Background: Staphylococcus aureus causes life-threatening infections, including infective endocarditis, sepsis, and pneumonia. β-toxin is a sphingomyelinase encoded for by virtually all S. aureus strains and exhibits human immune cell cytotoxicity. The toxin enhances S. aureus phenol-soluble modulin activity, and its activity is enhanced by superantigens. The bacteriophage φSa3 inserts into the β-toxin gene in human strains, inactivating it in the majority of S. aureus clonal groups. Hence, most strains are reported not to secrete β-toxin.
Methods: This dynamic was investigated by examining β-toxin production by multiple clonal groups of S. aureus, both in vitro and in vivo during infections in rabbit models of infective endocarditis, sepsis, and pneumonia.
Results: β-toxin phenotypic variants are common among strains containing φSa3. In vivo, φSa3 is differentially induced in heart vegetations, kidney abscesses, and ischemic liver compared to spleen and blood, and in vitro growth in liquid culture. Furthermore, in pneumonia, wild-type β-toxin production leads to development of large caseous lesions, and in infective endocarditis, increases the size of pathognomonic vegetations.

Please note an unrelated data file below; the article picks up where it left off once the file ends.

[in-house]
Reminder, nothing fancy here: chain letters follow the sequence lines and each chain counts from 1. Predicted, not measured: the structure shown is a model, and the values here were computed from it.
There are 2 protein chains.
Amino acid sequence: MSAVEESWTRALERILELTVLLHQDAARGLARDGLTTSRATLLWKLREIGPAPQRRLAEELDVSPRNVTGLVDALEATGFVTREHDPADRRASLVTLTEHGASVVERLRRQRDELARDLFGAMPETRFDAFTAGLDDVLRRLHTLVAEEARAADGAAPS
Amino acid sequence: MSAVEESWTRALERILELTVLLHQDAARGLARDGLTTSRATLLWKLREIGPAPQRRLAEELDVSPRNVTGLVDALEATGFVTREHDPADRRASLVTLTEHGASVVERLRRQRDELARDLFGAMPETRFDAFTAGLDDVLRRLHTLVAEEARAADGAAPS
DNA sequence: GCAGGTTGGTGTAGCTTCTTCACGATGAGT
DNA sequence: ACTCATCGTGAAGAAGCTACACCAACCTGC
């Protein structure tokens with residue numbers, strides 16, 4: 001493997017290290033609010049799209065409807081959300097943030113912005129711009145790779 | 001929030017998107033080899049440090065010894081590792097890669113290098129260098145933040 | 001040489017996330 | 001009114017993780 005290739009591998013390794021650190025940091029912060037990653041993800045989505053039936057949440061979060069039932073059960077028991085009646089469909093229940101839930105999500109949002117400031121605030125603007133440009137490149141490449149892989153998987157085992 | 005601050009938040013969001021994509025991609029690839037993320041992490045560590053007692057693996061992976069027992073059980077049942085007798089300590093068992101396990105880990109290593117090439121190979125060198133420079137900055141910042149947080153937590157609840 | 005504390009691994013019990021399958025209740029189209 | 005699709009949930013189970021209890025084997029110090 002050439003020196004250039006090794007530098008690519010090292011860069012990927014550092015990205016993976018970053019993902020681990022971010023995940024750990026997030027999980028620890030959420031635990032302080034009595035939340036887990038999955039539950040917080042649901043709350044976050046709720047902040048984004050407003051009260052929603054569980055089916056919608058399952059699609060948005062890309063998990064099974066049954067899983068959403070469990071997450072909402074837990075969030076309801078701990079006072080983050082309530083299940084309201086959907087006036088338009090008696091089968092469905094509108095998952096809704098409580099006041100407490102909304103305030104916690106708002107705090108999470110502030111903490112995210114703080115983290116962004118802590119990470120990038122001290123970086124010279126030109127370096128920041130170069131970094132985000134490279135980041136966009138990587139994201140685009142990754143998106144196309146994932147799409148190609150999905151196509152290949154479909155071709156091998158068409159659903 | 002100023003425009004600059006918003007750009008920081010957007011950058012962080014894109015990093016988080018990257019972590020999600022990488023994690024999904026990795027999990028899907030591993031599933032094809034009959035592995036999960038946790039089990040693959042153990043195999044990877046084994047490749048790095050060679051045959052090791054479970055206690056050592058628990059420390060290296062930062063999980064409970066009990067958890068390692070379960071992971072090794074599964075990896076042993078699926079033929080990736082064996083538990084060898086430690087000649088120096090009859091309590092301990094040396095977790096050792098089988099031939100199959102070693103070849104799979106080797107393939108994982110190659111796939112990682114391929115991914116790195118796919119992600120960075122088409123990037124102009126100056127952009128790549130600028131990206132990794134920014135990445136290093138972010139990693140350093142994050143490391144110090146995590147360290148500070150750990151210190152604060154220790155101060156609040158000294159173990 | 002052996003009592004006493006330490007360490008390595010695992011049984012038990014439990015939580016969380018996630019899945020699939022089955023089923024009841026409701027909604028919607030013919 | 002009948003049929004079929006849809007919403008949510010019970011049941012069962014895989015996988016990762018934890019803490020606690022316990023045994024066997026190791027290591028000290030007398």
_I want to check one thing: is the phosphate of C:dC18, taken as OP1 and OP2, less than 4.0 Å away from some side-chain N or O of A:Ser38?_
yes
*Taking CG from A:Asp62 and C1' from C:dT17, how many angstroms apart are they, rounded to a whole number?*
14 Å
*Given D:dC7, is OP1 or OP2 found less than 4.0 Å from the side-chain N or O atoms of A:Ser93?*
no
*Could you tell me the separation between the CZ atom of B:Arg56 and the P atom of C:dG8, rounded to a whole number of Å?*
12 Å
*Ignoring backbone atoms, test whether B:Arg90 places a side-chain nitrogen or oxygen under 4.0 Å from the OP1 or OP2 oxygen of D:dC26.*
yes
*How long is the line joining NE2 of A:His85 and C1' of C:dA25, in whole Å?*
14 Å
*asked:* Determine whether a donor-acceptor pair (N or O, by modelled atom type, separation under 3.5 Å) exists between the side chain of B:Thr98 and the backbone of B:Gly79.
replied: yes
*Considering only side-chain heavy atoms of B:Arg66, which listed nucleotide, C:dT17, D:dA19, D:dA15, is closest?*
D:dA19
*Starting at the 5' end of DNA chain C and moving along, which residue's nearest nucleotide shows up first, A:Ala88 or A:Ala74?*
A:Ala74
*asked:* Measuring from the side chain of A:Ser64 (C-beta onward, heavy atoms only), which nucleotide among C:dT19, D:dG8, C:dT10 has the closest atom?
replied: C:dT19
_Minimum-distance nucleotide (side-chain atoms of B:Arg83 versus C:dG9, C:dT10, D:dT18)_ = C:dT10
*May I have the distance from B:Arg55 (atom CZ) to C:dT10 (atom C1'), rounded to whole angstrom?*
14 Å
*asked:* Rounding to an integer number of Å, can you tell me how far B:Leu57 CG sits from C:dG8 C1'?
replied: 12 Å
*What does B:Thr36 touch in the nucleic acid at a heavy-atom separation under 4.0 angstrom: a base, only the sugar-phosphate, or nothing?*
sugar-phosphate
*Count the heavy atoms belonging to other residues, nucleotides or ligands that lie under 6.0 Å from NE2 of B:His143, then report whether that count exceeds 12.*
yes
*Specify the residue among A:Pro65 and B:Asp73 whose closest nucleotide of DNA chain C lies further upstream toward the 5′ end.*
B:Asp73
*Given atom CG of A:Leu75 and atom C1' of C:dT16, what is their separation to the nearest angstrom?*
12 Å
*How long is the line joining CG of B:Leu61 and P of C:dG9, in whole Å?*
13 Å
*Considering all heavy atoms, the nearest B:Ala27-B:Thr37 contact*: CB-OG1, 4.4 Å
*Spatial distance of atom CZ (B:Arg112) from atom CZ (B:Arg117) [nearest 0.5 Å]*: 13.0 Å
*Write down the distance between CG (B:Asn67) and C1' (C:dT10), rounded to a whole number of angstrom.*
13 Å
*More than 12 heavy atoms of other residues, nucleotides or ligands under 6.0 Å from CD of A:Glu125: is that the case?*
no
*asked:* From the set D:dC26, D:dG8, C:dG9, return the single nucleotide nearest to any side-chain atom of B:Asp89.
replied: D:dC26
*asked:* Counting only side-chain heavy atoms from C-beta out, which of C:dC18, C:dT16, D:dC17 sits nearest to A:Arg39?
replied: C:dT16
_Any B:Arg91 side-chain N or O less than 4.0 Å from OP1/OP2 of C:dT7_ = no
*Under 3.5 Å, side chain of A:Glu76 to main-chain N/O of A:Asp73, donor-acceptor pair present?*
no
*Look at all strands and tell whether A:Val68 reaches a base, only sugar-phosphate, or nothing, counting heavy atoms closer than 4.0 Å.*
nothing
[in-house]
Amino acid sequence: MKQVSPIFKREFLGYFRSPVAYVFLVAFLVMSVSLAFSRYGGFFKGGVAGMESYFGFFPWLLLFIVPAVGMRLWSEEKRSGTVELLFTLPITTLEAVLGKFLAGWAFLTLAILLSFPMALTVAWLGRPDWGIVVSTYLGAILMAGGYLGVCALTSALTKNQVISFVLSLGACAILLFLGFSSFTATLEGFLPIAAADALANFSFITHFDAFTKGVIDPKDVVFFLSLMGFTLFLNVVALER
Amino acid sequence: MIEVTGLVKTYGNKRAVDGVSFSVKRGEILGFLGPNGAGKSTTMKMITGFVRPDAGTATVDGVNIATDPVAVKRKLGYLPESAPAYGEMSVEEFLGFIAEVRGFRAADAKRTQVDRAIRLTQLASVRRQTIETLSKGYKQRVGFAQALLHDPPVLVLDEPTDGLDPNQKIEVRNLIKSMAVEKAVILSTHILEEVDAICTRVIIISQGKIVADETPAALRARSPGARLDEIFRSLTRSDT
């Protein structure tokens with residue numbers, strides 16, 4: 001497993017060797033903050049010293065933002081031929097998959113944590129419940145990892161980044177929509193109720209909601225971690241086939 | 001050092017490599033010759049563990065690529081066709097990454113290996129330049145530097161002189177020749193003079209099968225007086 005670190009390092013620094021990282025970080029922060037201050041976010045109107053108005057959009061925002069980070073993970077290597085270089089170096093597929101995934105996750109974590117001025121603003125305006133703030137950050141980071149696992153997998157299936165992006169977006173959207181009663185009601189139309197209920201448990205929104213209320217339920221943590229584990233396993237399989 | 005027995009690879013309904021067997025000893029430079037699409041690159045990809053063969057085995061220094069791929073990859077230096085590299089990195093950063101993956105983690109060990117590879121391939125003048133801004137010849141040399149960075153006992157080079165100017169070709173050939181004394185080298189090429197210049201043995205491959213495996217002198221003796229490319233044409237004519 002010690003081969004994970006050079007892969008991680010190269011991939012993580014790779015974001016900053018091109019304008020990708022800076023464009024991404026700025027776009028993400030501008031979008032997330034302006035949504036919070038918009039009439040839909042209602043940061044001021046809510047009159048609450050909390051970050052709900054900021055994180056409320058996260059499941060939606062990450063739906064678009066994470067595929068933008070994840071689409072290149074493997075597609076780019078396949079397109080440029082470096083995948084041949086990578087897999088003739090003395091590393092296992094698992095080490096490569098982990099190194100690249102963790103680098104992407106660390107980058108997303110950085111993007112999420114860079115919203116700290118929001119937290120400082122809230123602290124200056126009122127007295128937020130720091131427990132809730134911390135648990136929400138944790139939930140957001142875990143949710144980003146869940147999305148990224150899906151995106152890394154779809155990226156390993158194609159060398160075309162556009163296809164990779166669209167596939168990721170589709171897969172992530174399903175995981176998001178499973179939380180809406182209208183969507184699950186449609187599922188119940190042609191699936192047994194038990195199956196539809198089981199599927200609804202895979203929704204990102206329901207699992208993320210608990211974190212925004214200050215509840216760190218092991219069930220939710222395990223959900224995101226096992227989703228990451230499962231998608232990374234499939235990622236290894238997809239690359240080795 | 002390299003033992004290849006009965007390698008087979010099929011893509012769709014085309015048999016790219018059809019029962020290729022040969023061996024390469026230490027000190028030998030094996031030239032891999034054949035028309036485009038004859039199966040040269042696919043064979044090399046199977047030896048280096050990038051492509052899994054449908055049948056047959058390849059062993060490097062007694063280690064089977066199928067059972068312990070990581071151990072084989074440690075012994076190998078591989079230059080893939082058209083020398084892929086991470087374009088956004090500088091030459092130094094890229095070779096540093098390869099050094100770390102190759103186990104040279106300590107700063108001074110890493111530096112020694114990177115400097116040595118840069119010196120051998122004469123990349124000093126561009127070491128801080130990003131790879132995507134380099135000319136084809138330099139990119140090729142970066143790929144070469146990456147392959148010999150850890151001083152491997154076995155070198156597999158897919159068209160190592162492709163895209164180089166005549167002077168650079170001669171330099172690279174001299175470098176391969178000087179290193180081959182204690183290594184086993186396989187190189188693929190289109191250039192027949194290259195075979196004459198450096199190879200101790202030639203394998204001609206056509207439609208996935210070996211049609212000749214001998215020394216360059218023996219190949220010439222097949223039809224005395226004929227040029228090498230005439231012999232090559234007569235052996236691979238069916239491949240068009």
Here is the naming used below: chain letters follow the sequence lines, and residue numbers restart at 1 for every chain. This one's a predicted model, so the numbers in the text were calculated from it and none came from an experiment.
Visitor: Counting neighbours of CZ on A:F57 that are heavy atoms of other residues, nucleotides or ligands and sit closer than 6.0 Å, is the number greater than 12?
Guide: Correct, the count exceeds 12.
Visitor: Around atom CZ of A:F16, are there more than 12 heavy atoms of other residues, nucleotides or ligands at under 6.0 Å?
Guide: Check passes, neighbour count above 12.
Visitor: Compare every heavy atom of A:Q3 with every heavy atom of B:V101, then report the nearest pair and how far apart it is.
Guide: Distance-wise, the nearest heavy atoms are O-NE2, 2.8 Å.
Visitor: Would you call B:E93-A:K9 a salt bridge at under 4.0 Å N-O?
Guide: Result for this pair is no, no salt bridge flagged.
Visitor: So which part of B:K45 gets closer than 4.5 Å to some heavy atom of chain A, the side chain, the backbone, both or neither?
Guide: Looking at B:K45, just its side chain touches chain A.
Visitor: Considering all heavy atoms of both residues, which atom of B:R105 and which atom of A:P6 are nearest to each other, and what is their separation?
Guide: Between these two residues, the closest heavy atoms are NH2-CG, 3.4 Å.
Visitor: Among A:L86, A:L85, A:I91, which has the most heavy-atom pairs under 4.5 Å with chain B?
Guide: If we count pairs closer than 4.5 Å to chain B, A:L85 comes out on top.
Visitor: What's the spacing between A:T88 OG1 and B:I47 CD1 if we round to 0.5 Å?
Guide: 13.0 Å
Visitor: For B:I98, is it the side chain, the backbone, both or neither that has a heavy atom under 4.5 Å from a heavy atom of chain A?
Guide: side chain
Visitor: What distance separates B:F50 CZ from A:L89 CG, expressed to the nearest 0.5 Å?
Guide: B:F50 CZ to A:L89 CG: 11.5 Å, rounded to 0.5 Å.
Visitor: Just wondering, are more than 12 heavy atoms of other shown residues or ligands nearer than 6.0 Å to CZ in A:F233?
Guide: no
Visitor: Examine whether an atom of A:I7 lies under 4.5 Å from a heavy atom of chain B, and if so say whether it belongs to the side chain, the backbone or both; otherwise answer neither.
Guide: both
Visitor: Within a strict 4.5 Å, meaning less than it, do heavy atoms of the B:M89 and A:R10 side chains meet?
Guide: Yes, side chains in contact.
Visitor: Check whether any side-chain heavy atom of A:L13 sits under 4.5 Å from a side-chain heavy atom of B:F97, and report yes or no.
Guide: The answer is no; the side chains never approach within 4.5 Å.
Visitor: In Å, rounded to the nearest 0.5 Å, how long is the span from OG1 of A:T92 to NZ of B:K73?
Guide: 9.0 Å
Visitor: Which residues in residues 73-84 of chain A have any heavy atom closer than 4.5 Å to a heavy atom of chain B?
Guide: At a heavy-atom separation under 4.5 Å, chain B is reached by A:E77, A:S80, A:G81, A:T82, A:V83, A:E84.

Conclusions: This study demonstrates the dynamic interaction between S. aureus and the infected host, where φSa3 serves as a regulator of virulence gene expression, and increased fitness and virulence in new environments.
Keywords: Staphylococcus aureus; bacteriophage; infective endocarditis; pneumonia; sepsis; β-toxin.
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